emacs-plus: current state

January 8, 2020
(emacs, emacs-plus)

Not everyone knows, but emacs-plus is almost an April Fool’s joke that was late for 1 day. Its initial release was on 2nd April 2016 and the only feature it had compared to the official Emacs formula back in the day was Spacemacs icon (installed by default). Homebrew maintainers didn’t want to increase the complexity of the Emacs formula, so I’ve put that burden on myself, created a tap with one additional icon and after several years info command for emacs-plus prints a wall of options.

I am very happy to see so many users of this feature-inclusive (and sometimes experimental) formula. I am grateful to all of you. I would’ve abandoned this project a year ago if it would not you! And I think it’s fair to (in)formally share the current state of the project and shed some light on my plans.

The problem

During the last year (or maybe even more), emacs-plus overgrown with issues. Here is my top list.

  1. Experimental xwidgets build was breaking time to time and only thanks to users (mostly Ag Ibragimov) I would acknowledge it.
  2. While I state that HEAD builds are not supported, I still want this option to work. First of all, for Emacs users to easily get the latest features. And secondly, for Emacs maintainers to get feedback from the users.
  3. Patches are located outside of the project and their destiny is unclear.
  4. It’s hard to contribute a new patch or a patch fix inside the emacs-plus repository, because you have to mess with the URLs and branch names.
  5. Travis builds are very slow. The default build takes 7 minutes, from sources - 13 minutes, build HEAD was impossible. I’d like to test much more build options and their combination.
  6. Too many options are given to the users, which kind of contradicts my initial idea.

When it comes to build failures, all of them can be divided into two categories - patch application failure or upstream issue.

Visibility and stability

In order to address the named issues, I’ve performed the following actions.

I moved from Travis to GitHub Workflows, which gave such a decent boost in compiling time. It also enabled me to add the HEAD and xwidgets options to the build matrix. I would love to add x11 as well, but I didn’t figure out how to setup XQuartz on build machines. I haven’t really measured the build time, but here are some examples that I fetched from the build history. Also I’ve heard that Travis improved their machines so more calculating power is given to the users now.

Options Travis GitHub
6m 30s 3m 14s
--with-no-titlebar 11m 16s 5m 18s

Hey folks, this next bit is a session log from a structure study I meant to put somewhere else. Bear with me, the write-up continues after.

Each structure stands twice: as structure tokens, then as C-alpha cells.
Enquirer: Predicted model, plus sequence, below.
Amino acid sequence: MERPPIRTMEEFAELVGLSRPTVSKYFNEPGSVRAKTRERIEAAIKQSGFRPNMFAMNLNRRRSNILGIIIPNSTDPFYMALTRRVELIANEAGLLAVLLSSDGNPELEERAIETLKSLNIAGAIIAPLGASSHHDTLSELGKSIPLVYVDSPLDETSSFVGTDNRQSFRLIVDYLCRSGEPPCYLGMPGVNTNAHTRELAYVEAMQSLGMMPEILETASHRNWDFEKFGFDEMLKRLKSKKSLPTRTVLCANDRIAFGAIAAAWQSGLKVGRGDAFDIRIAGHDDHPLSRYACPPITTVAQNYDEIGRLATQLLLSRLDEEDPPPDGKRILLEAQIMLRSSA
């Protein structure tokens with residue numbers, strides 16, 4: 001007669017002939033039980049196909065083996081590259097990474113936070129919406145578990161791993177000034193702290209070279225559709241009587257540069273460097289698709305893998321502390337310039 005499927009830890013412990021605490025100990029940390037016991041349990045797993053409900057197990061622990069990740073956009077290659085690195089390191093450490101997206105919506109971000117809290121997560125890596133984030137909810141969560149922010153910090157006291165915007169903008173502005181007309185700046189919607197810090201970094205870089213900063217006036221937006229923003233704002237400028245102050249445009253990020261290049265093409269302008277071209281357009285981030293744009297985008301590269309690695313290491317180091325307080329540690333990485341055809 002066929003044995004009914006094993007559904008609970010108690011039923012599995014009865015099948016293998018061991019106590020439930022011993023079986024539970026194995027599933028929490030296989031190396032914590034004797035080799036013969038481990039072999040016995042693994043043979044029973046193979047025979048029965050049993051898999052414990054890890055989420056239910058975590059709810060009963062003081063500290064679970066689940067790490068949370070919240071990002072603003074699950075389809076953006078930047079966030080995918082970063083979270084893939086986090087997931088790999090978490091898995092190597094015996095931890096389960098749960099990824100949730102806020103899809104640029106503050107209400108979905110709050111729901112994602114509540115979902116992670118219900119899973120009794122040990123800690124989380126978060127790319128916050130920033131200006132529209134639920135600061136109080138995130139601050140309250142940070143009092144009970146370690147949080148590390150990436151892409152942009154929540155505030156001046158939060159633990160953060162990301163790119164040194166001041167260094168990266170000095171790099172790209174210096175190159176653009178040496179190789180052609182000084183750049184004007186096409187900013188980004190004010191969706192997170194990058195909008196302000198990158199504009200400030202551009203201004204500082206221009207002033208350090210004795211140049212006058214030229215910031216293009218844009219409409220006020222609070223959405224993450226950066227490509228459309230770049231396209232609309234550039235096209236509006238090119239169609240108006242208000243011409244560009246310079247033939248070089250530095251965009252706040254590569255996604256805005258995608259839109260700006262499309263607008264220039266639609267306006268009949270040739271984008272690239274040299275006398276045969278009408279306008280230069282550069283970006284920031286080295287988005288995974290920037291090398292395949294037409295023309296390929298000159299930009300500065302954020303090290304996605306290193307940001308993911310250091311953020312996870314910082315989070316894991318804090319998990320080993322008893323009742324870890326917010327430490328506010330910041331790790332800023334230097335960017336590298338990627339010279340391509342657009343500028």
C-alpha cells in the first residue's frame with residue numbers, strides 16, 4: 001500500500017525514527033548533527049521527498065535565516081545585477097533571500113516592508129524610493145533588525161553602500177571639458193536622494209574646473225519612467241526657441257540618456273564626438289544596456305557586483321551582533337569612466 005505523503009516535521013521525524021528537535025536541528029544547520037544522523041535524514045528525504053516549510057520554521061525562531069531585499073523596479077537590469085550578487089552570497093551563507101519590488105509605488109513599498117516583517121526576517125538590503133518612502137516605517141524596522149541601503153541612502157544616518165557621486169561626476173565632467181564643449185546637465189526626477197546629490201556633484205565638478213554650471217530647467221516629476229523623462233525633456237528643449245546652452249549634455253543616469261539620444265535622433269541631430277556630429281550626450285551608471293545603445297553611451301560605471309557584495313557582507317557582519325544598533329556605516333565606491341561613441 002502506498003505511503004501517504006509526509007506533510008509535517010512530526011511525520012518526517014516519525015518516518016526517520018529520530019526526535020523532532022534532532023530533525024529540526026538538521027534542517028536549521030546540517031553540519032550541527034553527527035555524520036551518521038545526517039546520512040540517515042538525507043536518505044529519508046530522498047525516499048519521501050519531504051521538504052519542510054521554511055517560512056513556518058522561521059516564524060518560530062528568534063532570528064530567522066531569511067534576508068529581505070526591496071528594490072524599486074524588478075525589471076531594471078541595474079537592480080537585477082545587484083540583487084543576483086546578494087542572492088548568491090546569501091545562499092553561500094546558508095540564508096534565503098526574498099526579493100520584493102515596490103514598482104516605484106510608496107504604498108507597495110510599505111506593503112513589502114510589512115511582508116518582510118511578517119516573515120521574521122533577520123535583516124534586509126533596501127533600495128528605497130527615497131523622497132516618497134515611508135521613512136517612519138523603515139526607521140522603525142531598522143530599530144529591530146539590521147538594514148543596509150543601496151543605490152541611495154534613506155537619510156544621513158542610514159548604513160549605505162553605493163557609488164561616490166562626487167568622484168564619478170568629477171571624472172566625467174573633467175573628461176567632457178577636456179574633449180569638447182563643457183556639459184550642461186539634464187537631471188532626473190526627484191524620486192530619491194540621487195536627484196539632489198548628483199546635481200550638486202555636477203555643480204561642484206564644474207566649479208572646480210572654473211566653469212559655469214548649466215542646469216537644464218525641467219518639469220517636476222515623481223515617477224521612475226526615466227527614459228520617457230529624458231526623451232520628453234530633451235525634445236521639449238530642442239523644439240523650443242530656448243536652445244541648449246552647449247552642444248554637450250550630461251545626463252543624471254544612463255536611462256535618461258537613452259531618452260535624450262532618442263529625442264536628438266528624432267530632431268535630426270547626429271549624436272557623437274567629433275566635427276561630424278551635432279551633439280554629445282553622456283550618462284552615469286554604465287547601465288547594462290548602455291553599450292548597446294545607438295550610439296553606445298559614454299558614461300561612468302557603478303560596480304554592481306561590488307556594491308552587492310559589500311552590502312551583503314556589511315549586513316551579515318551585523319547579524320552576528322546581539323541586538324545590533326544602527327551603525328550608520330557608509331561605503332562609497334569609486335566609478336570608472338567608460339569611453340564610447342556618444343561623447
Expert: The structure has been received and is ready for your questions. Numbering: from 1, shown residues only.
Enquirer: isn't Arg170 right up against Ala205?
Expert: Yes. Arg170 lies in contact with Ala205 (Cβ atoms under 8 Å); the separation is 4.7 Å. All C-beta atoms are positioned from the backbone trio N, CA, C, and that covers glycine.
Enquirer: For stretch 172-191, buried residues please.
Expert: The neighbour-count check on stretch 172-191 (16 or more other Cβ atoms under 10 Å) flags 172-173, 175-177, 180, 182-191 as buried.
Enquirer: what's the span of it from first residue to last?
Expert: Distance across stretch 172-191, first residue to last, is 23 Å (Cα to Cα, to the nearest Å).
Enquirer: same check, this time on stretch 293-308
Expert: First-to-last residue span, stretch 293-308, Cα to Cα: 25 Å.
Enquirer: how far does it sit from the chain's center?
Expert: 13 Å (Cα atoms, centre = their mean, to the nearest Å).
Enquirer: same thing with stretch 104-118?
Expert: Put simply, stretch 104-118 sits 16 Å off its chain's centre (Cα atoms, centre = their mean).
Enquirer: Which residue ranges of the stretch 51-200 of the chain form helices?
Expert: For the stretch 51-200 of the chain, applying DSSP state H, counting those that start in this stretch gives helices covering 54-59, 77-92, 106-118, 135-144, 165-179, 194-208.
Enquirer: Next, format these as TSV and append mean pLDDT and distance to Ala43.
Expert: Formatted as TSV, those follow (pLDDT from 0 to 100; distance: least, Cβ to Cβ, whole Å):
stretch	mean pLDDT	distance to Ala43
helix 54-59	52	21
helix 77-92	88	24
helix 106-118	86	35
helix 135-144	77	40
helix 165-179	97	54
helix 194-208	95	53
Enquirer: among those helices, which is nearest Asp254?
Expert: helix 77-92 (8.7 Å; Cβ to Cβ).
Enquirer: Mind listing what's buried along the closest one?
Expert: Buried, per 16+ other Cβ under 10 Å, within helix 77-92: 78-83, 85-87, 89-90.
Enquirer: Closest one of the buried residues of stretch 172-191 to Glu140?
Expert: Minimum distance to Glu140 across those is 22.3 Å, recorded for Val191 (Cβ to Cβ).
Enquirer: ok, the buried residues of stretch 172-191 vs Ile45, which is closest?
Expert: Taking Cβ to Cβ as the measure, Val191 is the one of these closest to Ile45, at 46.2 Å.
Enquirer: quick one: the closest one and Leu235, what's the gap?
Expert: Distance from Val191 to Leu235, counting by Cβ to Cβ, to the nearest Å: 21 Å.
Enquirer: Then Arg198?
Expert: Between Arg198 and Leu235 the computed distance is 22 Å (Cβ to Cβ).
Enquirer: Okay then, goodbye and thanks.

--HEAD - 11m 18s
--HEAD --with-xwidgets - 11m 15s

This gives me better visibility on the build breakages (both when patch application fails or it’s because of the upstream issue).

All of the used patches were moved to the emacs-plus repository, so they are always with formula. And I added support for running builds on CI with patches from PR.

And in order to better maintain the patches I’ve created emacs-plus-basis repository, which is basically a fork of Emacs repository with patches applied on top. Everyday CI fetches the latest updates from the upstream and applies the patches on top. And if it fails, I get a notification. So it gives me visibility of patch application failures. And it gives me environment to fix named patches.

While all these steps should improve stability of the emacs-plus, I am aware that build breakages are impossible to avoid (upstream changes very fast). What I am achieving here is better visibility and tools to address breakages more quickly.

Build options zoo

What was not covered yet is the amount of build options. The initial idea behind emacs-plus is that users should not pass many custom options to install command. If you remember, back then everyone recommended to install Emacs from brew using the following command:

$ brew install emacs --with-cocoa --with-gnutls --with-rsvg --with-imagemagick

All of these options where recommended to most of the users. So I decided to turn them on by default.

$ brew install emacs-plus

In my ideal world, the only options users should pass is the icon choice and experimental or controversial stuff.

I still don’t have a solution, but I am willing to decrease amount of available options. For example, I think that no one actually installs without cocoa and without x11. So the choice must be between these two options. GnuTLS? Well, why would anyone want to install Emacs without it? librsvg and libxml2? Does it hurt if installed with it? I want emacs-plus be as simple as possible, while still providing things that are not available from the official Emacs formula.

Unfortunately, I don’t have anonymous statistics about options usage. So I still don’t have any decision in this field. Will keep you posted :)

Cask

This is something people are waiting for. I understand why, but I don’t have time to invest into this project. At least now. If someone wants to step in - I would be super glad and grateful!

Final words

That being said, all contributions are welcome! Let’s keep in touch ;)